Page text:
Skala reminds me of holidays as a child, in Spain, where you pay €6 for a pair of sunbeds and stay there all day. We do just that. The sea is calm and flat, and the salt hums like crickets. Shoals of silver fish swim between my feet, so perfectly blended into the ripples of the water that I wonder whether they’re there at all.
There is something very still about this place, almost lifeless. I wander round the souvenir shops and find all the pieces of beloved tat that lined my bedroom shelves as a kid. Gifts brought back from places exactly like this – a too small pair of slippers (pom poms and all), a puffa fish hanging from a piece of string, a tiny ceramic pot decorated with pictures of the gods – I already know what the perfume balm smells like before I open it. Part of me wants to buy it all.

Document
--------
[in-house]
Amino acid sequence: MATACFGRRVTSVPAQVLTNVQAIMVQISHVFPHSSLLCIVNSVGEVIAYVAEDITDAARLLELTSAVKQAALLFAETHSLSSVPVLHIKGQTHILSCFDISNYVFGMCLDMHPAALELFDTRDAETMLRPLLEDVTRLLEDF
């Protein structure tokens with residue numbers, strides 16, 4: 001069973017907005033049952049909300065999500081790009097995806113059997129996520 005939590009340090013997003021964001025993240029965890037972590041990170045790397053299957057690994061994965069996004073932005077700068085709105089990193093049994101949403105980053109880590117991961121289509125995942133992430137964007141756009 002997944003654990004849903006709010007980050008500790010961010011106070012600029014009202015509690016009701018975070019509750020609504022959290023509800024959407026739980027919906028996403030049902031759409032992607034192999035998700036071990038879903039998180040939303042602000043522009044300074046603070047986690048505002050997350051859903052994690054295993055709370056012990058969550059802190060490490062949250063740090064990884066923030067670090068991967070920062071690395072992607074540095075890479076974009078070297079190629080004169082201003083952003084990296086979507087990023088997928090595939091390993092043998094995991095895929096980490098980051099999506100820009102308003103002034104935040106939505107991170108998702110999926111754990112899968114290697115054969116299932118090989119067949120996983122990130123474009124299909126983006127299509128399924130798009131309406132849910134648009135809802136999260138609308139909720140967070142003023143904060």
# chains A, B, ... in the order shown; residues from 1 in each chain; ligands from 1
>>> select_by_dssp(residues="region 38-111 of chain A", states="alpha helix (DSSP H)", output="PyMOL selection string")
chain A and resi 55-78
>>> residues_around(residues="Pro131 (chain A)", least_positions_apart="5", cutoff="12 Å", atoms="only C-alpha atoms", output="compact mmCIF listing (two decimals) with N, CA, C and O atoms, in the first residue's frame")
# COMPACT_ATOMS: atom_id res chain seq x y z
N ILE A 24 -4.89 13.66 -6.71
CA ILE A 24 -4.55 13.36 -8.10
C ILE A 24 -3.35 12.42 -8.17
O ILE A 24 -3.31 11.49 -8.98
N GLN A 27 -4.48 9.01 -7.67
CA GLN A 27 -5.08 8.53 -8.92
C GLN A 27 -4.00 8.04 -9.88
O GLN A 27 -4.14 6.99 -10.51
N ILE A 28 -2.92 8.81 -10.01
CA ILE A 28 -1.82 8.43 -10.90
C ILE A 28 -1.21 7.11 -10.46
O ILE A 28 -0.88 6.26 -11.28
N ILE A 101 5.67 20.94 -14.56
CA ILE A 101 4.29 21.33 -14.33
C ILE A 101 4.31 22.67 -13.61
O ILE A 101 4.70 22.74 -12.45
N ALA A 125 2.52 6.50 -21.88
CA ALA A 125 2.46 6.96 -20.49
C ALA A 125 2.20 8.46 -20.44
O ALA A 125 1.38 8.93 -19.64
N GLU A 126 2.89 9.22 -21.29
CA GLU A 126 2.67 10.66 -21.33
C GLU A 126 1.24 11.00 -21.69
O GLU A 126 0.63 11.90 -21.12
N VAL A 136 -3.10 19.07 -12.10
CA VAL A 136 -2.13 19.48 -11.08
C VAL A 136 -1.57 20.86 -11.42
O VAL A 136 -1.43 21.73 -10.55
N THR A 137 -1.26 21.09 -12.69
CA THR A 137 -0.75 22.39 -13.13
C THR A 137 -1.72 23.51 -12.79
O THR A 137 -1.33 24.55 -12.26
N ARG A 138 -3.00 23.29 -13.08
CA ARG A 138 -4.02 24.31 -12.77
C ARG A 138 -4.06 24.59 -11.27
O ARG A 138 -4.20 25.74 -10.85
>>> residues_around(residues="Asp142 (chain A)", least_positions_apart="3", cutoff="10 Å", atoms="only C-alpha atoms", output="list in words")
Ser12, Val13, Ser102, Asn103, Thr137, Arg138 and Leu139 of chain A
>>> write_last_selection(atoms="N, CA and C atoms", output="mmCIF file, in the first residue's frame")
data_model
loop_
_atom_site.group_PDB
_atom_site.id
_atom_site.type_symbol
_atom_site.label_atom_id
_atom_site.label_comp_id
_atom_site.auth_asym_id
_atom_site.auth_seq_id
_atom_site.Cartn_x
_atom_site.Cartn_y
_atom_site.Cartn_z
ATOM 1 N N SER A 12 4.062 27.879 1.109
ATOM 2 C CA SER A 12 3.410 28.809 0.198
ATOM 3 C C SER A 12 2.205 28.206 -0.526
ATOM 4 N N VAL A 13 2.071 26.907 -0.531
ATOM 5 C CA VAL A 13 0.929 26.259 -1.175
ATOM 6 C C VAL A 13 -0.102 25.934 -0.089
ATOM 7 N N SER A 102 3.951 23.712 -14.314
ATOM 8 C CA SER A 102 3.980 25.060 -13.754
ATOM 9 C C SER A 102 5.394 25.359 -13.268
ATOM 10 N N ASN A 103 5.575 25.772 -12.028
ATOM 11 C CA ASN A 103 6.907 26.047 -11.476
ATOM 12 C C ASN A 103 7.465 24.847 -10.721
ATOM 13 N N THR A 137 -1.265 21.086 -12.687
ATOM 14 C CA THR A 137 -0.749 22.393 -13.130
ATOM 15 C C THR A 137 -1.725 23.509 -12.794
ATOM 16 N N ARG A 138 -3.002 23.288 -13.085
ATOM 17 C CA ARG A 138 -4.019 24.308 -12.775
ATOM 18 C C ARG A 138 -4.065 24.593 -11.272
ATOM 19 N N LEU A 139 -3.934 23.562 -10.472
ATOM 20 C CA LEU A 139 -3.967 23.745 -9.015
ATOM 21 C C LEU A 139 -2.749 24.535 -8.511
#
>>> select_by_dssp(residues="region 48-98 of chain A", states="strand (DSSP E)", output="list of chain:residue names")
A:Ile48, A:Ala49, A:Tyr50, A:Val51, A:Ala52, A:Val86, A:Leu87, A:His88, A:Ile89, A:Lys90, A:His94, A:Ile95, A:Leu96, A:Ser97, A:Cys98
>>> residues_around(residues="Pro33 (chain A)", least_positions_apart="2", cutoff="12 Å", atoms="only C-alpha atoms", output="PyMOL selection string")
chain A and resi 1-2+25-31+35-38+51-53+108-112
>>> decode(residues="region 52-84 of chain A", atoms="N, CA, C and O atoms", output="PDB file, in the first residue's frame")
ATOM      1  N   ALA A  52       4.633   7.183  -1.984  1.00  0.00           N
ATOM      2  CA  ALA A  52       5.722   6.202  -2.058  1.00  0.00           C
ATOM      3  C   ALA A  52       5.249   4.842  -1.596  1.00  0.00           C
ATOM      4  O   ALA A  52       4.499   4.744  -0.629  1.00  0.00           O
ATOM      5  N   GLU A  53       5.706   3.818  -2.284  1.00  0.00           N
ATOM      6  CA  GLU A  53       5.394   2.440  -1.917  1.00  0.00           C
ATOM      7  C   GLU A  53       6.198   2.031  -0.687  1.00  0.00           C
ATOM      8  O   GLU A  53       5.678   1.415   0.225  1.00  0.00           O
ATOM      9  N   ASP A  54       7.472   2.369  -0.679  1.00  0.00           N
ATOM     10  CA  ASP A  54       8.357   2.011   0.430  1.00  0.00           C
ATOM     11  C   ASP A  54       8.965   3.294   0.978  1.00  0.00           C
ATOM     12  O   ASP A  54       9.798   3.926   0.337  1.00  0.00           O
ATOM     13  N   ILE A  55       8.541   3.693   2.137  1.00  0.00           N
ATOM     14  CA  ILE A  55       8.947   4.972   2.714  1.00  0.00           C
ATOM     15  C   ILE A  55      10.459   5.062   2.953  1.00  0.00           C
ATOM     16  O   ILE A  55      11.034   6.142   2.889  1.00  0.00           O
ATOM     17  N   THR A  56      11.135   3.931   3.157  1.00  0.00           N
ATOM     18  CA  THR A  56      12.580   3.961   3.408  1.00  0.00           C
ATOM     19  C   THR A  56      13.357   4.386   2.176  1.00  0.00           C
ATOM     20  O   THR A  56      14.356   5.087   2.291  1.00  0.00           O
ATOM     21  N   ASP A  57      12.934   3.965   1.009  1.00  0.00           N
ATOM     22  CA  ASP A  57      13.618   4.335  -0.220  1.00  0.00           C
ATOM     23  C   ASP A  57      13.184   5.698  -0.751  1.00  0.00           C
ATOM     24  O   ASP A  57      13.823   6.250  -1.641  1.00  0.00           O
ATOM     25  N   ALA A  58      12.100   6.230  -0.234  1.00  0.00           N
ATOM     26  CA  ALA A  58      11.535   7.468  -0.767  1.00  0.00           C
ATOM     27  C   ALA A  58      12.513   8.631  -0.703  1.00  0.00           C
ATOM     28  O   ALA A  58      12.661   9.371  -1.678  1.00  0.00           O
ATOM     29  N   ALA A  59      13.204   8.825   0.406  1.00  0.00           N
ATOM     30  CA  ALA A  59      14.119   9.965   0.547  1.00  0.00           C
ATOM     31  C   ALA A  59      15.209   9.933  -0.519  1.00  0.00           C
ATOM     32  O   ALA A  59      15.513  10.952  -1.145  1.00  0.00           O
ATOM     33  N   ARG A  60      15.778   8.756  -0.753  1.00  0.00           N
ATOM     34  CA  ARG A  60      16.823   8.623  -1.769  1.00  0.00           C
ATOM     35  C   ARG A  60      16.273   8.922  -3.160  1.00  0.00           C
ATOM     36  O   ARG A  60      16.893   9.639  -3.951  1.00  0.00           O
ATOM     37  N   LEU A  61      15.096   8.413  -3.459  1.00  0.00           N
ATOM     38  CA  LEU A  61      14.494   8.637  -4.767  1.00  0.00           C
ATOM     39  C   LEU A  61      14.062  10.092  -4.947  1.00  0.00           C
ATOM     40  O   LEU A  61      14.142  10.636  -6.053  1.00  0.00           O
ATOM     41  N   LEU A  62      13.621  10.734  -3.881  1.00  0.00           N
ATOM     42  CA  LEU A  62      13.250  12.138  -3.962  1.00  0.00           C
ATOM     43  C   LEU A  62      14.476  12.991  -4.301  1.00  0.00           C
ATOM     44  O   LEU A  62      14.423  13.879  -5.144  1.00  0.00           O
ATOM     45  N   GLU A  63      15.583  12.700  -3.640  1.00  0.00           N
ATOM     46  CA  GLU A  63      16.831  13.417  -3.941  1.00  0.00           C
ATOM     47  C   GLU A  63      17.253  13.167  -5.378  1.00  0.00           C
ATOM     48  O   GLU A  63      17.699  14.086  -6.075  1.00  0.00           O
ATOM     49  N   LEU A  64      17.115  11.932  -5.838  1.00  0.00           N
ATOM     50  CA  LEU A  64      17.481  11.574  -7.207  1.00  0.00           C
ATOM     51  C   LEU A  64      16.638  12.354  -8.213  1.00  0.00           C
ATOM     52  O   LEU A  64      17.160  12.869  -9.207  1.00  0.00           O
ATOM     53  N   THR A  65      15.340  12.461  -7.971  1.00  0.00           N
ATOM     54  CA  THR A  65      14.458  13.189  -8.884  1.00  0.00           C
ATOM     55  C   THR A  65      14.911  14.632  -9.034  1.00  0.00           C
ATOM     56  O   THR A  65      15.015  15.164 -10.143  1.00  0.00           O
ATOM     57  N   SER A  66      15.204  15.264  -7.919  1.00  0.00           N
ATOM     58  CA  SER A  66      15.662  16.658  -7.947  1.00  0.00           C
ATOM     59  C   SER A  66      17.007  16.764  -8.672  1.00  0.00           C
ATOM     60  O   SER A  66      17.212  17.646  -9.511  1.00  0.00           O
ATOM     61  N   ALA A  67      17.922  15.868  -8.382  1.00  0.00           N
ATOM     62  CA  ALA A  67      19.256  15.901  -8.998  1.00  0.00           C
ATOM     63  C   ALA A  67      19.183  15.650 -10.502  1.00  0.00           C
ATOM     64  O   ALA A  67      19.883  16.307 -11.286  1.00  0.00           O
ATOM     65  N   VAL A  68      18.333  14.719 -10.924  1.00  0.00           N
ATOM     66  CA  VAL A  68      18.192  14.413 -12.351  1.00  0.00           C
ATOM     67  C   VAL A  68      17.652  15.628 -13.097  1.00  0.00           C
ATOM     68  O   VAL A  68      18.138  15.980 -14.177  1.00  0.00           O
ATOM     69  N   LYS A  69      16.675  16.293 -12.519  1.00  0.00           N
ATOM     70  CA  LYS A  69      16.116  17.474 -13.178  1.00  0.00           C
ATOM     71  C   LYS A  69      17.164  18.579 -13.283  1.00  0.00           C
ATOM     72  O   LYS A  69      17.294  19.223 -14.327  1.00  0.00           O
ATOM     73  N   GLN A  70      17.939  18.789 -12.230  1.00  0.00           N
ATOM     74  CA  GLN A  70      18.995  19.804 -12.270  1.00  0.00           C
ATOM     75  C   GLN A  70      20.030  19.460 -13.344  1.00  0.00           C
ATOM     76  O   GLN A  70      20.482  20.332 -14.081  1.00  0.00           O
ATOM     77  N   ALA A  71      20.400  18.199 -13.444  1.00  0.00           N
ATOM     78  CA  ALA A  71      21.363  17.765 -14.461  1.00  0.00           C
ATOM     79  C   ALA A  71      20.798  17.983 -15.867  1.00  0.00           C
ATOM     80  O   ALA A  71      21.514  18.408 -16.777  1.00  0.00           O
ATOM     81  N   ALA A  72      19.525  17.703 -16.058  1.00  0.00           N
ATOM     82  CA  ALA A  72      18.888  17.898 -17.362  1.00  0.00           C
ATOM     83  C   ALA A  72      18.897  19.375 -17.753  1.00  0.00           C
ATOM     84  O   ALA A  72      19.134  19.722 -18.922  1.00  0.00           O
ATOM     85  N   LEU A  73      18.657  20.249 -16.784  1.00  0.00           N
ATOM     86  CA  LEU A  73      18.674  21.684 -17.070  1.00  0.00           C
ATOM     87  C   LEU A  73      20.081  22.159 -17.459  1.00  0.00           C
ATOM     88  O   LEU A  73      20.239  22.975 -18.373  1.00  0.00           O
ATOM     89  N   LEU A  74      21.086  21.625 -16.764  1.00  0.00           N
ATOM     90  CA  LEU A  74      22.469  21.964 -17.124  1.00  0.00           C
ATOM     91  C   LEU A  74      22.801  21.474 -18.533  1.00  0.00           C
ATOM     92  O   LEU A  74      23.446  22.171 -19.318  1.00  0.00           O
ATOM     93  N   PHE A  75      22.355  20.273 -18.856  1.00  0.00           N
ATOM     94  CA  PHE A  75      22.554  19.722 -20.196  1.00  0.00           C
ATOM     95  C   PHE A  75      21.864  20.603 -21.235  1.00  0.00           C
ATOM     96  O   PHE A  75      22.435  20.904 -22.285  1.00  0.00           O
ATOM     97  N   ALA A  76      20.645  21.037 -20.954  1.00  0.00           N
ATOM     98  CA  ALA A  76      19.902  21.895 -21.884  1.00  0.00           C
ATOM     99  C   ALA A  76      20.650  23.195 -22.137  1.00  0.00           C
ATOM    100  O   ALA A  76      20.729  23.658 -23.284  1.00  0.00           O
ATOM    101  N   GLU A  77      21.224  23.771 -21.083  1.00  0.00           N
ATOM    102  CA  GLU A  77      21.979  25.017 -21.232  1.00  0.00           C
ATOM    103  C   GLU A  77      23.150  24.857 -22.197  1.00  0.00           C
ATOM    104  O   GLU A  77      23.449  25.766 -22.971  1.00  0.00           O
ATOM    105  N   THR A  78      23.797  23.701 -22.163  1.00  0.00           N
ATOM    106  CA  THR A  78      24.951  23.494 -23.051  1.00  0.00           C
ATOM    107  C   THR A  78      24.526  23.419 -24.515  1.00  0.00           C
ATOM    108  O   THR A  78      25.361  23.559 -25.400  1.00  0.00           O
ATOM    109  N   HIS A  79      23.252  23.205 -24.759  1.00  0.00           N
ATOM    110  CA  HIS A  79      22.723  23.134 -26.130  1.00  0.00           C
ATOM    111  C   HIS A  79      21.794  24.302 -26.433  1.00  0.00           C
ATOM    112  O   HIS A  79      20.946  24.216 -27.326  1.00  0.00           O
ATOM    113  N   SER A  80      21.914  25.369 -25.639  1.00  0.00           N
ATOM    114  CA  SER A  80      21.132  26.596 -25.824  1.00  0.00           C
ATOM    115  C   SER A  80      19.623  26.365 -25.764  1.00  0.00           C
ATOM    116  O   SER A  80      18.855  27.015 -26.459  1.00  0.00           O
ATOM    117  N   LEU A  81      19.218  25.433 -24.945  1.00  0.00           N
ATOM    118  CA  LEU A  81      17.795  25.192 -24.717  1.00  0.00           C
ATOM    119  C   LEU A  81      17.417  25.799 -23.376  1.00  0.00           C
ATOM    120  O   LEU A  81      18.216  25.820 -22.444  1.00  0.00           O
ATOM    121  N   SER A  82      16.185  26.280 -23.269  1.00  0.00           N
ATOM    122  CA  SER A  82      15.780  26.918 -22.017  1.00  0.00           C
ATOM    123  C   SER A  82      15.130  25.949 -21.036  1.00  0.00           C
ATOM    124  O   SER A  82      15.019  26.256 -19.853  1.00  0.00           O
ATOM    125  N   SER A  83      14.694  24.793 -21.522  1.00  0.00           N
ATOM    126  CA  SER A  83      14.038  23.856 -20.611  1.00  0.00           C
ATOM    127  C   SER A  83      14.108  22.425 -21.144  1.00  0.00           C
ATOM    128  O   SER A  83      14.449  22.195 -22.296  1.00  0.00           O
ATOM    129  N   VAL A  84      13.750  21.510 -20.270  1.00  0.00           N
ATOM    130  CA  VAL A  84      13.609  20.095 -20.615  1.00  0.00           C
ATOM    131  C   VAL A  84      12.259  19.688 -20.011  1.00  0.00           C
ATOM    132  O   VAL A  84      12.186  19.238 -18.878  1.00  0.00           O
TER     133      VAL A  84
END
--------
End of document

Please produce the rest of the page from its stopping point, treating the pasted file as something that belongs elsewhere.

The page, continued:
Even the slice of Kefalonian Kataifi – a type of baklava – takes me back to a holiday to Turkey aged six, the days hot, and the desserts achingly sweet.